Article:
Indiana boasts one of the highest concentrations of autism-focused therapists and even sports a new magazine, Autism Companion, supported by advertisers and subscribers in Indiana.
“I didn’t even go out and do any market research at all because the demand was so great,” said Jane Grimes, who, before starting the magazine in 2013, was enrollment director at the Applied Behavior Center for Autism, which is expanding to six locations around the state.
But now Indiana’s autism therapists say their prospects are cloudier after the state’s largest health insurer, Anthem Blue Cross and Blue Shield, cut payments 40 percent and took a harder line on paying for therapy for school-age children.
One Indianapolis therapy provider, The Hope Source, nearly closed its doors in March because it couldn’t make payroll, although its finances have since rebounded a bit. Most other therapists have cut staff or services.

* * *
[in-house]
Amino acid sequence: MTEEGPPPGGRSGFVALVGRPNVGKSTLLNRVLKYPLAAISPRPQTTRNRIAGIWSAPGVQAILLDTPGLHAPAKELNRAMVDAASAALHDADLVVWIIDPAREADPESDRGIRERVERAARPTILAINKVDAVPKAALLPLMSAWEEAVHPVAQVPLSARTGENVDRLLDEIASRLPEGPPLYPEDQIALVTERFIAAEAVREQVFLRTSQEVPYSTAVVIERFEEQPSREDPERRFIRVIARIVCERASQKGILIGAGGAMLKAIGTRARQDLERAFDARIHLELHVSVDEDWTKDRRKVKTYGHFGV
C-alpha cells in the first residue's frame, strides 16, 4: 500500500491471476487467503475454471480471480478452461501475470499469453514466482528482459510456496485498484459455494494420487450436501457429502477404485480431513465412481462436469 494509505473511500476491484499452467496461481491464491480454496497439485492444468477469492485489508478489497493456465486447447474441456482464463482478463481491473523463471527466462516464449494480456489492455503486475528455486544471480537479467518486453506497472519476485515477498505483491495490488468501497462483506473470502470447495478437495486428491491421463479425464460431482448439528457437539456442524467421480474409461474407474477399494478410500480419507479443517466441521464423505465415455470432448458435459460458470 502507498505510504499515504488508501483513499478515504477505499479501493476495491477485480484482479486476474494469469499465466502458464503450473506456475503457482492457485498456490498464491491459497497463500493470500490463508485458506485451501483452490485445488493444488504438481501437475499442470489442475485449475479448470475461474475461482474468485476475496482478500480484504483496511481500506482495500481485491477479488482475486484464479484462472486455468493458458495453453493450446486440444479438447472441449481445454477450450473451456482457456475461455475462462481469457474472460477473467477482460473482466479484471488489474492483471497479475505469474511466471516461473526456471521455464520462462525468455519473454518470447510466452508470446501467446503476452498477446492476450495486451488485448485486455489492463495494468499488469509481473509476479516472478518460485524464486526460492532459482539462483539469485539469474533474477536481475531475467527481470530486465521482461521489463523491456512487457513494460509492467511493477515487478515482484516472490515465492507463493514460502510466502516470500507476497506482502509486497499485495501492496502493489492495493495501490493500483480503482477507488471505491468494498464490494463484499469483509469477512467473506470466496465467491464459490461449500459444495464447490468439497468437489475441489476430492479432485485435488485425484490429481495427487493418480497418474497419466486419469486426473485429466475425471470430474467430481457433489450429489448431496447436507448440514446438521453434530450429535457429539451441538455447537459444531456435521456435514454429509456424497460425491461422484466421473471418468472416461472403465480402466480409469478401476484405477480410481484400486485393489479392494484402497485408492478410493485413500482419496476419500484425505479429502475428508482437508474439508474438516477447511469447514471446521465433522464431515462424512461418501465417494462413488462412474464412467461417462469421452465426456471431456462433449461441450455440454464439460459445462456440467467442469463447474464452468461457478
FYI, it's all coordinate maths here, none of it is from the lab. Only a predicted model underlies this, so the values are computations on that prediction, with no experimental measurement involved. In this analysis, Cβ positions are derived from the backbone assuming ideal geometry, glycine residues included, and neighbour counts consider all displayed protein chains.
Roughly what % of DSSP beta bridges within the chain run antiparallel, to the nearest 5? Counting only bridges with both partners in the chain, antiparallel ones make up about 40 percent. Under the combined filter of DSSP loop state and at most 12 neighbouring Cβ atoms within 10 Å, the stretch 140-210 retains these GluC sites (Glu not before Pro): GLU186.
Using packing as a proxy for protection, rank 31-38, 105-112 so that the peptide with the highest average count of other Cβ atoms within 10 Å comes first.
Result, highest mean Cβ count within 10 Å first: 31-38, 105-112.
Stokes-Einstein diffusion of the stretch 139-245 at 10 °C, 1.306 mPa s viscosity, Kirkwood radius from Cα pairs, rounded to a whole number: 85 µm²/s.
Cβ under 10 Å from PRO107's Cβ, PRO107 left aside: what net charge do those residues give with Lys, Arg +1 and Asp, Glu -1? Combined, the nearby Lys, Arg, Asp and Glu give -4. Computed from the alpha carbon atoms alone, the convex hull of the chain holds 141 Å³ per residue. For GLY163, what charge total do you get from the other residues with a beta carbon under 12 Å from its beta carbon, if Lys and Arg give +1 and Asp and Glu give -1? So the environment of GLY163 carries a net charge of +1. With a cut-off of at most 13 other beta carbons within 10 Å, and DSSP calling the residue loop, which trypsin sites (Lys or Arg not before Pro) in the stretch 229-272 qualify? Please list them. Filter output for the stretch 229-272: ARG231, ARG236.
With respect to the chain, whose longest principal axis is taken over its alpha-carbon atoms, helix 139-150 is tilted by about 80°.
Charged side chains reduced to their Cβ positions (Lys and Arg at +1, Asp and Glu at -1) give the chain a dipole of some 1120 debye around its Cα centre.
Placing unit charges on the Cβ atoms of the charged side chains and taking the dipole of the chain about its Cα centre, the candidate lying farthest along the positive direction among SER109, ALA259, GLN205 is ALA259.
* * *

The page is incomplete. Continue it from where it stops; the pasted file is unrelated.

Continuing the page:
For most autism therapists, the Anthem changes began two years ago, when the Indianapolis-based insurer said children age 7 and older need to receive a chunk of their autism therapy from public schools, as state and federal laws for disabled Americans requires.
“Anthem cannot duplicate coverage for services that are available through the public school system,” Anthem stated in a May 2012 letter to parents of autistic children. The letter reiterated Anthem’s commitment to provide coverage for autism therapy. It has physicians review therapists’ treatment plan for each patient and, while it might deny some of the proposed terms, rarely issues a complete denial of coverage.